Cullen Frost 1Q15 Earnings Call Notes

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Solid ROA, ROE

For the first quarter of 2015, return on average assets and average common equity were 1.02% and 10.34%, respectively, compared to 1% and 9.97% reported in the first quarter of 2014.”

Consistent loan demand despite energy prices

“Turning to loan demand. We continue to see good consistent growth, despite uncertainty in the market from declining energy prices. First quarter 2015 average loans were $11.1 billion, up 15.6% from the $9.6 billion reported for the first quarter of last year.’

No surprises or material issues with energy customers

“So we entered this time of lower oil prices and slower job growth in Texas with strong credit quality. We maintained close, regular communications with our energy-related customers. We told you in January, we had visited with more than 90% of our customers. Well, we visited them again in March and early April, and there were no surprises or material issues.”

Increased allowance

“We continue to have good ongoing communications with these customers. We have increased our allowance for loan losses slightly to deal with the economic uncertainty surrounding lower oil prices. As we go through the adjustment period, we will be able to address loans rationally through our normal course of business.”

Industry has adjusted very quickly

“After observing May contracts of crude oil future prices, report suggest that oil is trying to hit bottom. We have talked with our customers and have seen how quickly the industry has adjusted to market conditions.”

Mixed economic year in Texas

“2015 looks to be a year of mixed economic growth in Texas. Models indicate we could lose about 140,000 jobs in the energy sector. In March, the number of jobs in Texas declined for the first time in more than two years, and it is expected to take until the fourth quarter for oil supply and demand to come into balance.”

There’s a lot of liquidity in Texas from wealth generated in recent years

“Finally, there is a lot of liquidity in Texas from wealth generated in recent years, particularly in areas hardest hit by the energy job losses. For example, Midland Texas, in the heart of the Permian Basin has the highest per capita income in the nation. ”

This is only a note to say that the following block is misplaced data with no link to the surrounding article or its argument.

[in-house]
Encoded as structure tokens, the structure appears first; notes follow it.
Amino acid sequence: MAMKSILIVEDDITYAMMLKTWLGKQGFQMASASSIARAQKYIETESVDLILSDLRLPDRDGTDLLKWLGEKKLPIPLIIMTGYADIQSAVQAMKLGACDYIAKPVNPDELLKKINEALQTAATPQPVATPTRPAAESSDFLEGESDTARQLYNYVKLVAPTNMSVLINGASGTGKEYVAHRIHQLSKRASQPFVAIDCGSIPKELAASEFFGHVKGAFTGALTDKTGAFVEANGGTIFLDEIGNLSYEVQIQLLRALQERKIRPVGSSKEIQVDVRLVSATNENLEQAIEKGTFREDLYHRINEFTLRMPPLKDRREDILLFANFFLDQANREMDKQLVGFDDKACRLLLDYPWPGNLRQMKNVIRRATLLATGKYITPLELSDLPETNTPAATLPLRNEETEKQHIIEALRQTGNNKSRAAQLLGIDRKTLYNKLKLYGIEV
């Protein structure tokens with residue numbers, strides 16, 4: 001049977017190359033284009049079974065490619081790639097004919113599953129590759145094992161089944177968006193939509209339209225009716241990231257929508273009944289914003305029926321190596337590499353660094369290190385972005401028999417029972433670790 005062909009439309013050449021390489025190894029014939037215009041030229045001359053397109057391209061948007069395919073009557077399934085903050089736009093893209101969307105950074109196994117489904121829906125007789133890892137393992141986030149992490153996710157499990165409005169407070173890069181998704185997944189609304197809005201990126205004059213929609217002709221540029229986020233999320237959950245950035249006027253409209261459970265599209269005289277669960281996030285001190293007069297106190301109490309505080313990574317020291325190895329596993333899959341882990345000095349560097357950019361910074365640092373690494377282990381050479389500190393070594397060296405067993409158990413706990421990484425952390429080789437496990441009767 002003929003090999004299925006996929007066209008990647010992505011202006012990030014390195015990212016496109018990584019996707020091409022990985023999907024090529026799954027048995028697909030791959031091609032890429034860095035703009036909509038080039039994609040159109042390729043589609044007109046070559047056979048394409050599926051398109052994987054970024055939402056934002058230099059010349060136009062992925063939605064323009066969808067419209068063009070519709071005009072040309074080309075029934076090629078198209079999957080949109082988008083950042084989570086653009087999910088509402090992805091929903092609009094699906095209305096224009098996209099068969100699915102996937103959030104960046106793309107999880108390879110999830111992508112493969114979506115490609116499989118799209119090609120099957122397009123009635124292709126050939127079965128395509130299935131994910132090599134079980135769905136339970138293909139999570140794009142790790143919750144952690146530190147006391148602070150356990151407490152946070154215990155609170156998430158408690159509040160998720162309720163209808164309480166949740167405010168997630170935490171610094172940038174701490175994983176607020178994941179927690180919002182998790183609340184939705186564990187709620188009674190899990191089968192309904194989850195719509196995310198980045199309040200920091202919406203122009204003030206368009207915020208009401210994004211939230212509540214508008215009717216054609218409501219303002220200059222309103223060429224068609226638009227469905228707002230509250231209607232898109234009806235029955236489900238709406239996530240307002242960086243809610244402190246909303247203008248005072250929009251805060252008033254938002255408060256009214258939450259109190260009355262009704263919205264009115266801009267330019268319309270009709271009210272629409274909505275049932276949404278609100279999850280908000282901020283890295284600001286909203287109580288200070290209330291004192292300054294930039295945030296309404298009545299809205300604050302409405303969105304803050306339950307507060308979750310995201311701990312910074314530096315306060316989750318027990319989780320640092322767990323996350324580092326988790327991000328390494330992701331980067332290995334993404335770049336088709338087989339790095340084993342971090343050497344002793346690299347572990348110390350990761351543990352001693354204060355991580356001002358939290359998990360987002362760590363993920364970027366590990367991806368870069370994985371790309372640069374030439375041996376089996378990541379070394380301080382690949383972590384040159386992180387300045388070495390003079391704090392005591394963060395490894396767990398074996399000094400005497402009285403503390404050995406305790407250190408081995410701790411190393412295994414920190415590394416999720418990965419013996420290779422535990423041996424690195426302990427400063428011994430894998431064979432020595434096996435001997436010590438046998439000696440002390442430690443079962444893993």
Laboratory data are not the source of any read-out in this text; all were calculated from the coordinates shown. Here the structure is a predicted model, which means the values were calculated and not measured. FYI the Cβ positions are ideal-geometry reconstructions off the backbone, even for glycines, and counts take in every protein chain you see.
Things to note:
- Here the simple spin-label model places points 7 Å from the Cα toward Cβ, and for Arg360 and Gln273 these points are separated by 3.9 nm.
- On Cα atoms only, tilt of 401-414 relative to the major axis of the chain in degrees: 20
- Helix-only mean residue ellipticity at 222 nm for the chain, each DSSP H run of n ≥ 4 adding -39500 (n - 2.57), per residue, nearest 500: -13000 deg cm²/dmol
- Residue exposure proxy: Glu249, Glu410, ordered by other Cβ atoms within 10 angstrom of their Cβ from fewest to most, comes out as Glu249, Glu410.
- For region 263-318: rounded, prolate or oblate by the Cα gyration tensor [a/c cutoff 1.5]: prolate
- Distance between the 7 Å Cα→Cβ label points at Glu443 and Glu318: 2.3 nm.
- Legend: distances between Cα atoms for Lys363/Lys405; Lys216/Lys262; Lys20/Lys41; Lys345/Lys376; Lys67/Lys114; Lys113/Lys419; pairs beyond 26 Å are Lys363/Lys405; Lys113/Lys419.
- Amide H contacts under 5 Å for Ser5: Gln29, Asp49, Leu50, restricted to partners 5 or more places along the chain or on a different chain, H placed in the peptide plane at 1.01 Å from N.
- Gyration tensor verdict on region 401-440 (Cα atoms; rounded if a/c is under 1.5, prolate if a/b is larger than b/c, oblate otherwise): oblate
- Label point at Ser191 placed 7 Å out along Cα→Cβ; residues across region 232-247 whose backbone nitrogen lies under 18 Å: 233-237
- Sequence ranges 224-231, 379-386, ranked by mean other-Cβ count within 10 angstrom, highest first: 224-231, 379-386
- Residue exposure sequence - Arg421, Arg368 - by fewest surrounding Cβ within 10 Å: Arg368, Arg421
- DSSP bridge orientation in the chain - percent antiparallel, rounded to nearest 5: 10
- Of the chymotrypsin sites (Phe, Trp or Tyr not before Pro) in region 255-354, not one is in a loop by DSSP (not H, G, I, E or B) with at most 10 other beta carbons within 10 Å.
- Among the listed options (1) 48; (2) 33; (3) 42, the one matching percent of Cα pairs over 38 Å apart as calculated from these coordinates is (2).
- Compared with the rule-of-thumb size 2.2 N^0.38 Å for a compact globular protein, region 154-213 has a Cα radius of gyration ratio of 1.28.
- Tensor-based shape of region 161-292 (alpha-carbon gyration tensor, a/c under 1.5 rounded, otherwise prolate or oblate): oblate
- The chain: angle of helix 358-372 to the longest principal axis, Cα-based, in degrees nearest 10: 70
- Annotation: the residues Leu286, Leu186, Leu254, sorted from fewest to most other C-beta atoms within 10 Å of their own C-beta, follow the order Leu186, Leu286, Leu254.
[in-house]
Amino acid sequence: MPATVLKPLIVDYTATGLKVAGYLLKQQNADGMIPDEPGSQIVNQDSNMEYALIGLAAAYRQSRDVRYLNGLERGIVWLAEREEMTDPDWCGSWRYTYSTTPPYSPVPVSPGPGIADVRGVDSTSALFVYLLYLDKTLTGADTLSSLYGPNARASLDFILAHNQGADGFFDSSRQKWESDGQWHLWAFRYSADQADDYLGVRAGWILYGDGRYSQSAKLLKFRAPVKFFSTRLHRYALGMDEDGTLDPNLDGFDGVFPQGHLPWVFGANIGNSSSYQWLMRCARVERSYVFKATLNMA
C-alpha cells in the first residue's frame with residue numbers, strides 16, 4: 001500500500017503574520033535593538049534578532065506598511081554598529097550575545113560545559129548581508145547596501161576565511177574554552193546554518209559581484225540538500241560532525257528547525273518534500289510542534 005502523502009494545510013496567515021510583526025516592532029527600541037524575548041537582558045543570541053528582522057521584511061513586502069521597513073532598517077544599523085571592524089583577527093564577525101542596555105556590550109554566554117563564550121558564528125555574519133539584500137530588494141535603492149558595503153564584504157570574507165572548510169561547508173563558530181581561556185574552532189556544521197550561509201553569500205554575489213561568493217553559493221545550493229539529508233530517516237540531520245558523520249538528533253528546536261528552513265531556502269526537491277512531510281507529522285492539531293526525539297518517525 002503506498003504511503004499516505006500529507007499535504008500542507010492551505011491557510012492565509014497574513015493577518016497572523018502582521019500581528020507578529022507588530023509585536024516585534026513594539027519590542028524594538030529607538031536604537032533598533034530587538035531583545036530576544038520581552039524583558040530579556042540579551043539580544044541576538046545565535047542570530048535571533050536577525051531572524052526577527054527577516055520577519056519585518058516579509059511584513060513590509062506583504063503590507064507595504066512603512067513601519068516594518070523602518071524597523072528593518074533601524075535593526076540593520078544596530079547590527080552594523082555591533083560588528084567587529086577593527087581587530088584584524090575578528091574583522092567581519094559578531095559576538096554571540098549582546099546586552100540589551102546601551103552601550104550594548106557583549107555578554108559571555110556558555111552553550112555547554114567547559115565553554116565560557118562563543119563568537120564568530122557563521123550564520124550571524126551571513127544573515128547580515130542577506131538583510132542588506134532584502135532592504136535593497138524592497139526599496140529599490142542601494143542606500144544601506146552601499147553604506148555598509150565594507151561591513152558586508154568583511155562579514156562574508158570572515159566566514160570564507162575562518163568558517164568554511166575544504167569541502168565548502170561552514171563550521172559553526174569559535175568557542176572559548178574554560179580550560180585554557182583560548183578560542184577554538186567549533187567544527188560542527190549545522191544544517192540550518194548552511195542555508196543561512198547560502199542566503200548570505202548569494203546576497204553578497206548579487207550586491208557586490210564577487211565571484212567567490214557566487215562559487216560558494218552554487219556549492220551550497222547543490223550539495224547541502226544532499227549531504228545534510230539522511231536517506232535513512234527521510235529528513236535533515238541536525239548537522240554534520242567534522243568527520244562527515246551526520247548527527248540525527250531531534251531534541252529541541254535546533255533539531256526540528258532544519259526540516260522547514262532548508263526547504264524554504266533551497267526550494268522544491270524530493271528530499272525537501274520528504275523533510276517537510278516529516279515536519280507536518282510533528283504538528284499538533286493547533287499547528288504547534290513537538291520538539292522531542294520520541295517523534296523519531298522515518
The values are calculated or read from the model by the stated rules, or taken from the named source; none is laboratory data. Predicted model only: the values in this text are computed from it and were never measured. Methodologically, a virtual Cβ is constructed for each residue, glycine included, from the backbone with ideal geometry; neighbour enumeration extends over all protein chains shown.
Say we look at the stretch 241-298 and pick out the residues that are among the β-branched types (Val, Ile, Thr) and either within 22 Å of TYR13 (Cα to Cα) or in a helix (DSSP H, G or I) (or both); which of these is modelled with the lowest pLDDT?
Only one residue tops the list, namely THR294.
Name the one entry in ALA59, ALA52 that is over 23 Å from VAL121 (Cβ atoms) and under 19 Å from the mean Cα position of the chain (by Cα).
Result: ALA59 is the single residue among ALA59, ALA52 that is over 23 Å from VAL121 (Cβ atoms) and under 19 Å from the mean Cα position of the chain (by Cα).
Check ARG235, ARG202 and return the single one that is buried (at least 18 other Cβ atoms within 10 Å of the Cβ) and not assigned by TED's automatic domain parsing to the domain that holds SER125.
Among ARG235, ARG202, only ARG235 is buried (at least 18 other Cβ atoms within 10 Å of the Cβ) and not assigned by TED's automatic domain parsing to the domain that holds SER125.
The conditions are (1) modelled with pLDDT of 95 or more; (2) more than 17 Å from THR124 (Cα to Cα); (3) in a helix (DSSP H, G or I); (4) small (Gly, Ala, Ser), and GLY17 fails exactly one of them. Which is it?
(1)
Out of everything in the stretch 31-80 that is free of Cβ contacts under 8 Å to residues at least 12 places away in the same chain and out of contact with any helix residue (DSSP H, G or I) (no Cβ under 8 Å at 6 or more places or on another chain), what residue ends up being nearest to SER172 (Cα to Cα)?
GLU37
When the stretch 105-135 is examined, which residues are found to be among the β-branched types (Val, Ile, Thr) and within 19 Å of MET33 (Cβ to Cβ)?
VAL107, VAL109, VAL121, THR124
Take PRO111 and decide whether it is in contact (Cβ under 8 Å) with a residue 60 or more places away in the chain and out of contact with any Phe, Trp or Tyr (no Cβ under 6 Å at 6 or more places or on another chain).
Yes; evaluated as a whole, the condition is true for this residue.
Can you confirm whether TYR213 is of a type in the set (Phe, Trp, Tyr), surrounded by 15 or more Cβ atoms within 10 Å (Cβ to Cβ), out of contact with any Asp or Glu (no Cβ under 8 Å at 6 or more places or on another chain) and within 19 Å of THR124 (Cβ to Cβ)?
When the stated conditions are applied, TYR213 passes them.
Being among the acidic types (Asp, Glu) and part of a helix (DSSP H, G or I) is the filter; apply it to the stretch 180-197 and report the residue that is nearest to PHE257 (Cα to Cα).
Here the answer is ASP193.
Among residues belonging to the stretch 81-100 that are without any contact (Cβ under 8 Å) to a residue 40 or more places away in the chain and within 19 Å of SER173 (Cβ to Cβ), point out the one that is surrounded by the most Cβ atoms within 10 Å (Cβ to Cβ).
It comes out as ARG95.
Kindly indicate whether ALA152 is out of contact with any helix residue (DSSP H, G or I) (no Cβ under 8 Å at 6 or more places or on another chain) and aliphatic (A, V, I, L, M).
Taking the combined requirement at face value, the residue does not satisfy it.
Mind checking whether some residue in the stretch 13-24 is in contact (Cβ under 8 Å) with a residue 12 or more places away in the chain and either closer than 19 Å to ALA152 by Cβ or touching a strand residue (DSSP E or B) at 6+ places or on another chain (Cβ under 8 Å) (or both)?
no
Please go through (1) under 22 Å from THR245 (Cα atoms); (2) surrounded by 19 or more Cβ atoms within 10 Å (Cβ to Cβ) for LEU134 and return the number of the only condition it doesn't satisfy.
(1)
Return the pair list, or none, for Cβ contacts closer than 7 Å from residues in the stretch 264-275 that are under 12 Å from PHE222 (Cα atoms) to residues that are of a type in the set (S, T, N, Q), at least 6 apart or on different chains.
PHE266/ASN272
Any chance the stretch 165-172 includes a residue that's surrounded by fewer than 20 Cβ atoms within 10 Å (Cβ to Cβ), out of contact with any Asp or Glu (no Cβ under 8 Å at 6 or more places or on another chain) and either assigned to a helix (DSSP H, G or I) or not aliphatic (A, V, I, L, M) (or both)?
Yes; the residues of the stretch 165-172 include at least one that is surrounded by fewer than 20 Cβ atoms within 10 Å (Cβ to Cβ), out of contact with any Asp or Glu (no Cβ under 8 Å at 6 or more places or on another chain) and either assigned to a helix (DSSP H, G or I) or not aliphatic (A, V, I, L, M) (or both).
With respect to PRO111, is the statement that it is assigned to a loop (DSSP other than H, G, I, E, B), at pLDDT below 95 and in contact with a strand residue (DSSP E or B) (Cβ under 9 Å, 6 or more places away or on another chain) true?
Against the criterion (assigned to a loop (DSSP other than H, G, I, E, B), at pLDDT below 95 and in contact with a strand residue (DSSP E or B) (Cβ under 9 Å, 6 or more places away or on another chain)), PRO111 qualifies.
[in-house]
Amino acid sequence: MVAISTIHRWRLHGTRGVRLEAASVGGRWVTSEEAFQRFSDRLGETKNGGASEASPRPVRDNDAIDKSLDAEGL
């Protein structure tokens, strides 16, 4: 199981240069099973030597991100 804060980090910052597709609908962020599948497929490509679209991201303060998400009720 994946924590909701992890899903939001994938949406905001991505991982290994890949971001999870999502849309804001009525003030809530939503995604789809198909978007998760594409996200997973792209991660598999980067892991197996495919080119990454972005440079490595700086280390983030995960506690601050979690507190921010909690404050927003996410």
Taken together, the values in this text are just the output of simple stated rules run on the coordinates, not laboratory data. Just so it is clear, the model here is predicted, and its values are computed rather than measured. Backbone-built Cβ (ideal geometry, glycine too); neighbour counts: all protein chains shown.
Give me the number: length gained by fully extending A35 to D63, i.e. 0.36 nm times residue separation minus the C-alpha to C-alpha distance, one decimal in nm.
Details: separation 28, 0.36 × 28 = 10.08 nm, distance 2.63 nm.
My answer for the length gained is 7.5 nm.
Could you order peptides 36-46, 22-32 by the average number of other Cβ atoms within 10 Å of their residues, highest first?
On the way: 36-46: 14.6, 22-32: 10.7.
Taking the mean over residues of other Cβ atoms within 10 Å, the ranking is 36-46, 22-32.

Construction is very strong in Texas

“construction is very strong. There is just a lot going on in Texas. It is, if you look at office, offices are still, the statistic show that there is opportunity. Occupancy rates are under the line where you would see a need. So I don’t think there is overbuild. And certainly the Gulf Coast, which I mentioned in the petrochemical plants up and down, LNG plants, these things are all — LNG plants, you don’t build one for less than $10 billion and it’s over a number of years. So there is a lot happening.”

The hedges are still helping. You’ll see more adjustment in the summer and fall

the hedges are still are an important factor. And I think you’re going to see the real — you’re going to see a lot more this summer, but certainly in the fall you will continue to see how you go through this adjustment period. That’s when we’ll know at the end.”

New production costs have fallen much lower

“But the new production costs are much lower.

I’ve read a number of articles on cost improvement, and you’re seeing in some sectors that cost — I always think of cost of about $8 million cost of well by the time you drill it, frac it and complete it. You’re seeing some examples of that coming down to $4.5 million or $5 million. And so I don’t think we can underestimate the mother of invention of what technology we saw, what technology did to fracking, and we will continue to see improvements in cost.”

I don’t really like this response to the question of whether reserves will continue to increase

“Well, first of all, anybody that can predict the future and know everything is going to happen is going to be wrong. Remember what I have said, the provision was increased because of the formula, and it relates to classifications and all the other stuff. So it’s just consistent with that.”